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URL: http://riceornot.ricecop.com/?auto=82517
Submitted by: Low-Tech Redneck
Comments: 5  (Read/Post)     Favorites: 1  (View)
Submitted on: 08-04-2010
View Stats Category: Other Vehicle
The Ford 8N, produced from 1948 to 1952. It was (along with it's predecessor models) for farmers what the Model T was to the rest of the populace, a cheap, durable and simple to operate mass-produced machine that replaced horses and mules for good on many US farms. To this day, no other model of tractor has sold anywhere near to the estimated 500,000 units that this one has.


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8-04-2010 @ 03:19:54 AM
Posted By : ricerocketboy Reply | Edit | Del
Before he died, my grandpa had a 1951 8N. I have a model on one just like this. :)

8-04-2010 @ 03:25:53 AM
Posted By : Low-Tech Redneck Reply | Edit | Del
Ford had actually entered the domestic tractor market way back in 1917. At the time, there was already a Ford Tractor company in existence (no relation) so the earliest models were marketed as "Fordson" (a shortening of "Ford and Sons") The tractors sold well in Europe, and especially England, but ultimately the Great Depression would wipe out the Fordson, with production ending in 1928. Though, for a short time, a few thousand a year were imported from overseas factories for sale in the US. By 1939, Ford was looking to get back into tractors full-time and partnered with the Ferguson company to roll out a new design for 39', taking advantage of the Ferguson 3-point hitch, a patented improvement over the earlier single-point drawbar hitches that had often caused tractors to roll over or backflip if their plows hit obstructions. This 39' Model, dubbed the 9N, featured a 4 cyl flathead motor, 3 speed transmission, and a widely-spaced front wheelset, as opposed to the "tricycle"

8-04-2010 @ 03:30:42 AM
Posted By : Low-Tech Redneck Reply | Edit | Del
#2, wheels found on John Deeres and the like. Most of the mechanical parts were borrowed from Ford and Mercury car and truck inventory, and the resulting tractor was somewhat crude, but cheap to produce and operate. Ford himself had demanded that his engineers design the 9N so that a farmer could afford one for about the same price as it would cost to buy two mules and 10 acres of land to feed them. He also had his car designers give the tractor at least some character with it's art-deco inspired hood/headlight sheet metal. WWII soon intervened and forced the introduction of the 2N model in 1942, even cruder, it had a magneto ignition and some of the earlier models even had all-steel wheels, as rubber was in short supply. But at the end of the war years, a third tweak in the design produced the now iconic 8N, starting production in late 1947 and first going on sale in 1948.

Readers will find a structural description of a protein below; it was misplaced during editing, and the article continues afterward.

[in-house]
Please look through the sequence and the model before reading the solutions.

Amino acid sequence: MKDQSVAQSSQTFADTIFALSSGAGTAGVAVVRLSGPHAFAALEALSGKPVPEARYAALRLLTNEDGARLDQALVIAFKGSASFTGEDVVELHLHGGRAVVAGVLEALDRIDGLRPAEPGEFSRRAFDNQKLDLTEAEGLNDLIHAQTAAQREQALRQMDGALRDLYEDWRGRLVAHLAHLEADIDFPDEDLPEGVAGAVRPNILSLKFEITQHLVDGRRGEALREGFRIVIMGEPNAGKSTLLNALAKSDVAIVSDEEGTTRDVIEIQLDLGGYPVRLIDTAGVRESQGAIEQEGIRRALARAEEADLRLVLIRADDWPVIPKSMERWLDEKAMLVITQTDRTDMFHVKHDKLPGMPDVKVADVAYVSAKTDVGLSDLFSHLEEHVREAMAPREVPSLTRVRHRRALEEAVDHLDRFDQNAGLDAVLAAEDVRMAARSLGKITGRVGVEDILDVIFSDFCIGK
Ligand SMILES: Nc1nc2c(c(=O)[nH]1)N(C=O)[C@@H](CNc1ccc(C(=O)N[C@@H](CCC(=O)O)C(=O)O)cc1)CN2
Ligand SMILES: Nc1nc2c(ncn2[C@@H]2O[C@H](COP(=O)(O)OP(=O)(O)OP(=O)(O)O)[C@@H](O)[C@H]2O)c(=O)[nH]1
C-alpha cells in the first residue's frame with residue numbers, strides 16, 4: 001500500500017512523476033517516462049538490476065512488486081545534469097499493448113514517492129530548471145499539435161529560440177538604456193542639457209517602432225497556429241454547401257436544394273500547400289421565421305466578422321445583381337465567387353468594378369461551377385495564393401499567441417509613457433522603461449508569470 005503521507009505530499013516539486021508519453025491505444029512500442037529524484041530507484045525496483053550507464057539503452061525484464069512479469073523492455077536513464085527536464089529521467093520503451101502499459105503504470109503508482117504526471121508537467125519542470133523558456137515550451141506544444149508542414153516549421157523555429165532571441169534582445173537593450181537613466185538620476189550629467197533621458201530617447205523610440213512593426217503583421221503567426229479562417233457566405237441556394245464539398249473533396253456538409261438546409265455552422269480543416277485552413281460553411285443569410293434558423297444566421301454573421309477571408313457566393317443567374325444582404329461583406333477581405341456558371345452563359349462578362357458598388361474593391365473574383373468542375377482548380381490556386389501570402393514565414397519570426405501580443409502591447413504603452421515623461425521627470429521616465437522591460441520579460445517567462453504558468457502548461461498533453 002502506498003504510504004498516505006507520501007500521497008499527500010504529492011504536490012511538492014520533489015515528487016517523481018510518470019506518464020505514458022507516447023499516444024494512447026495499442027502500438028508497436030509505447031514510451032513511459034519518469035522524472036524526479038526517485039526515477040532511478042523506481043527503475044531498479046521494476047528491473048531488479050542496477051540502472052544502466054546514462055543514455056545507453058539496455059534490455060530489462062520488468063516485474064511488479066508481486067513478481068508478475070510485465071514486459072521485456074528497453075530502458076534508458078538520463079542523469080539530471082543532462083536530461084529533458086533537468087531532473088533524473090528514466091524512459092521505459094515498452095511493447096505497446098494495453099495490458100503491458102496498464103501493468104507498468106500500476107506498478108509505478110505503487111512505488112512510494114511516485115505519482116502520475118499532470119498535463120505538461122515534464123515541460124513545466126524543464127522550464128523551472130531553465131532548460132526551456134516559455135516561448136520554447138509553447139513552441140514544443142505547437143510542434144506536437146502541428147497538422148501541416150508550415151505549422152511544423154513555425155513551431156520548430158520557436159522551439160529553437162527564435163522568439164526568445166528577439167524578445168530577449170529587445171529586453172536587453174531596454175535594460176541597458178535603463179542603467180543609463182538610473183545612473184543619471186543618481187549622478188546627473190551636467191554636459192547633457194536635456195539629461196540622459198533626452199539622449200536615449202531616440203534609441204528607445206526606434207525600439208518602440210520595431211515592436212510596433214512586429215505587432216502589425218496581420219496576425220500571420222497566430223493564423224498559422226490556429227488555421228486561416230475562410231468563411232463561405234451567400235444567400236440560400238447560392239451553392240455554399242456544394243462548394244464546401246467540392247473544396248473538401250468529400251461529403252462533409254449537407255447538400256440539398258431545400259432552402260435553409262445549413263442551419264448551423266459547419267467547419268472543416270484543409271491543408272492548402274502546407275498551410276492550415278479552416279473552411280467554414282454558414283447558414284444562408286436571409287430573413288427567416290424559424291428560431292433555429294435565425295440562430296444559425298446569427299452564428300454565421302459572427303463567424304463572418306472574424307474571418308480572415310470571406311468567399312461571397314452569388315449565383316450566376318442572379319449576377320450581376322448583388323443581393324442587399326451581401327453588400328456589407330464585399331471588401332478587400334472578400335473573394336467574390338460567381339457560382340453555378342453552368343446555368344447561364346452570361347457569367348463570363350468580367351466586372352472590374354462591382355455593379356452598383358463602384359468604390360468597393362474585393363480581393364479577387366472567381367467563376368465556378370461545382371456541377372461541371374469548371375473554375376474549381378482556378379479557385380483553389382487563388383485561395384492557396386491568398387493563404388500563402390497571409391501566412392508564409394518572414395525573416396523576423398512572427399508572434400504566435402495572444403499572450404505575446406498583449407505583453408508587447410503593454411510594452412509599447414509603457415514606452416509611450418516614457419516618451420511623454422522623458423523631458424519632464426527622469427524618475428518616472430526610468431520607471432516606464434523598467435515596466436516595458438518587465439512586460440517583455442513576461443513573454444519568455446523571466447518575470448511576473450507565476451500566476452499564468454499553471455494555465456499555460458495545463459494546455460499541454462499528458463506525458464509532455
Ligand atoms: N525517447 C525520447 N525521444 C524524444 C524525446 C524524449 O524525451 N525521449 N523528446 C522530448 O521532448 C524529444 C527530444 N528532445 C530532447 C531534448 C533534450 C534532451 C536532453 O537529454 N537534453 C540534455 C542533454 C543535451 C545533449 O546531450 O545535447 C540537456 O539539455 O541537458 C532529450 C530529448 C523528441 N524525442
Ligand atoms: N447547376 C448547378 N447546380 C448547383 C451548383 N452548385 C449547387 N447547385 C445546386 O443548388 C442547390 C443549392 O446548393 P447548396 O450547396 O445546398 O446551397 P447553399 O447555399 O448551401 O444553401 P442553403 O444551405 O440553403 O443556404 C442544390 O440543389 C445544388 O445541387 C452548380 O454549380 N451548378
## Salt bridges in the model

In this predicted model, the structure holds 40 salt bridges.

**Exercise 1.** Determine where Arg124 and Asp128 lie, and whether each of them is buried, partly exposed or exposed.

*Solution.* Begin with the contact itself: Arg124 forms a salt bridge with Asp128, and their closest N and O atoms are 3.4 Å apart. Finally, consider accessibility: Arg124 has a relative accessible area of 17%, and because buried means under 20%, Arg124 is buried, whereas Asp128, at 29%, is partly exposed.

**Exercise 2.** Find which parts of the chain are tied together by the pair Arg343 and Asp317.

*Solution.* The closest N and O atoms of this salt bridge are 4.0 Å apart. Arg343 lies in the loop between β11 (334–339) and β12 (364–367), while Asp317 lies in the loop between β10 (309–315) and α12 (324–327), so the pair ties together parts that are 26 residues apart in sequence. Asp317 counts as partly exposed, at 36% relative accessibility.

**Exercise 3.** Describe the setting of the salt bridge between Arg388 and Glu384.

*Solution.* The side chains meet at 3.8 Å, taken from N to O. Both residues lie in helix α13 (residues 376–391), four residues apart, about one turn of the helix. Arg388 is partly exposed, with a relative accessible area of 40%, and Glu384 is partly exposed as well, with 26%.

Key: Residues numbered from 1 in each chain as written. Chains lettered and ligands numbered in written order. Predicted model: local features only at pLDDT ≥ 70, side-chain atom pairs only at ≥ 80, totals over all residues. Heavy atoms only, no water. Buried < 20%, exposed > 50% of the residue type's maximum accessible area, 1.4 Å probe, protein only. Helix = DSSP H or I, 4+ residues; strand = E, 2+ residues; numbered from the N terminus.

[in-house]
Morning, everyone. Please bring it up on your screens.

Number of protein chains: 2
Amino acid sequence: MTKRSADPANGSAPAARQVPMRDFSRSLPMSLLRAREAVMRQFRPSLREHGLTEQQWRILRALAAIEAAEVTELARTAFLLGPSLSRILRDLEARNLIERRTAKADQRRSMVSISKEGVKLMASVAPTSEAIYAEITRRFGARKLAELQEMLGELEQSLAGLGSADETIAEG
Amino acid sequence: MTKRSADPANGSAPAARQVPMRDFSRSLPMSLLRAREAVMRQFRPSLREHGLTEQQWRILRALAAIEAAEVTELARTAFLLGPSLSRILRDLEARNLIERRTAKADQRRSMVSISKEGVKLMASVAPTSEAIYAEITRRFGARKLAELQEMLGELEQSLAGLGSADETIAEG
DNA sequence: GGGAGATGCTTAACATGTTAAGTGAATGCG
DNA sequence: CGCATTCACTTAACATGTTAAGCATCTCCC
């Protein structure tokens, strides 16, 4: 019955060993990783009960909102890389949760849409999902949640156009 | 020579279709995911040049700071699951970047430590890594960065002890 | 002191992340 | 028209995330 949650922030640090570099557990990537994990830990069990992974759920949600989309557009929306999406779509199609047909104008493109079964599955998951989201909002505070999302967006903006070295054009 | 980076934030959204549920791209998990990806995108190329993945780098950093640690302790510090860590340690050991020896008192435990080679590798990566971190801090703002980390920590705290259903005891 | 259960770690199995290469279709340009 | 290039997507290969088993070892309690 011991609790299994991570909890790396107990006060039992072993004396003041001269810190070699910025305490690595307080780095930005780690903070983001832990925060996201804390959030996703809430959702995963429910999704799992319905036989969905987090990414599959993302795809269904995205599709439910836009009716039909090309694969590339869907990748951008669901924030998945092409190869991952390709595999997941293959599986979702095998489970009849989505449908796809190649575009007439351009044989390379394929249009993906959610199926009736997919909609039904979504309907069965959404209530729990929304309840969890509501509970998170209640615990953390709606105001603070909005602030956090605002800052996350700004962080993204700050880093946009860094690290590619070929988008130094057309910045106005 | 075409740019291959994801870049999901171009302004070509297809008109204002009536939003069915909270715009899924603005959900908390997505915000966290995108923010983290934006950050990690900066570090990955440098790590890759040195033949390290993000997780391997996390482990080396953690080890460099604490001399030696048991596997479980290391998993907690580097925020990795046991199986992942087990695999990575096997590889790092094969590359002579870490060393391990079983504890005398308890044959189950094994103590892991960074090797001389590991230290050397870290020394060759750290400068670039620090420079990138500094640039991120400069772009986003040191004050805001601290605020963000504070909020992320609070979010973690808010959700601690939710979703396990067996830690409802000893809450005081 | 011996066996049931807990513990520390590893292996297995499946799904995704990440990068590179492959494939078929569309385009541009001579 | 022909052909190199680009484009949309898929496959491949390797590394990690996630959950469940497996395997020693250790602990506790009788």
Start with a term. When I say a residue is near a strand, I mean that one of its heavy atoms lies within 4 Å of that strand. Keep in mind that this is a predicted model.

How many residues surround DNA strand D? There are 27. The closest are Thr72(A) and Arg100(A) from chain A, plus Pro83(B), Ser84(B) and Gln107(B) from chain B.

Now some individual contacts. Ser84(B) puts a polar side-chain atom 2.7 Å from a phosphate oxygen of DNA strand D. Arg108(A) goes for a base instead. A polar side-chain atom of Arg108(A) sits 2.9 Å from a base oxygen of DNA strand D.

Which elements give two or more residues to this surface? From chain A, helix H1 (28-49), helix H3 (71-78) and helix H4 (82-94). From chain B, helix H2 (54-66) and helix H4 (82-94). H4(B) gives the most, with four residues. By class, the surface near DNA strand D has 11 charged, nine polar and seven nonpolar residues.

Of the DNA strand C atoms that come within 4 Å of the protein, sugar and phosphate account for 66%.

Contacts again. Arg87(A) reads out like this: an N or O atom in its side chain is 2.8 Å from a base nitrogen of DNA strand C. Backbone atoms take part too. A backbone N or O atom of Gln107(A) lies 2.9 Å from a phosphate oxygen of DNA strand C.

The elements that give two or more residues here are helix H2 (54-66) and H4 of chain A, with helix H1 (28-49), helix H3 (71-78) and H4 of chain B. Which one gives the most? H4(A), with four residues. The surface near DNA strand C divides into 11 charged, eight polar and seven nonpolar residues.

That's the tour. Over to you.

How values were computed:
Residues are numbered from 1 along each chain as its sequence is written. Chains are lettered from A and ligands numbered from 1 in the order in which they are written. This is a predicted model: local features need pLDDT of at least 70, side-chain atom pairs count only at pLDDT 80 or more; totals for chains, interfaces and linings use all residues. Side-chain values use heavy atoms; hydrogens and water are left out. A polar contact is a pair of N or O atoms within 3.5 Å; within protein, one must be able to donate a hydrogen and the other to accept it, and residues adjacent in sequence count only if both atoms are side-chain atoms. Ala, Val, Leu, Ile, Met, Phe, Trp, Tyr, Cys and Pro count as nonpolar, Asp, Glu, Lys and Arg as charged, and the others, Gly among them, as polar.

8-04-2010 @ 03:37:31 AM
Posted By : Low-Tech Redneck Reply | Edit | Del
#3, The 8N featured an improved version of the flathead 4cyl engine and now offered a 4 speed transmission and made improvements to the hitch and PTO systems (mostly in a failed attempt to evade Ferguson's patent, Ford eventually was sued over it) that featured an overrun coupler (to prevent a towed implement from shoving the tractor ahead on sudden stops) and 2 setting draft control that would give the driver the option of either holding a plow at a constant height, or allowing it to follow the terrain. Also added was a unique "proofmeter" that measured engine hours to ensure proper maintenance was carried out at predetermined intervals. Running boards replaced the 9N's foot pegs, and also retained from the 9N/2N was the push-button start that had, surprisingly, always been standard. One other retention was the unusual (for a tractor) underside exhaust routing, much like a car, it did have a habit of occasionally catching high grass on fire

8-04-2010 @ 03:54:03 AM
Posted By : Low-Tech Redneck Reply | Edit | Del
8Ns would continue to be built with only minor changes up to 1952. In 1953, they were succeeded by the NAA model tractors, which would have more powerful overhead valve engines and further improvements to the hydraulics and PTO, one weakness of the 8N was the lack of "live" hydraulics, meaning the pump would only work if the engine was running in gear, leading to situations where a bogged-down 8N could not lift it's own plow to get itself unstuck. The NAAs would also be slightly larger and heavier, as the relative light weight of the 8N caused it to occasionally lose traction, and necessitated the addition of calcium chloride ballast to the rear tires, a substance which encouraged the rear wheels to prematurely rust out.

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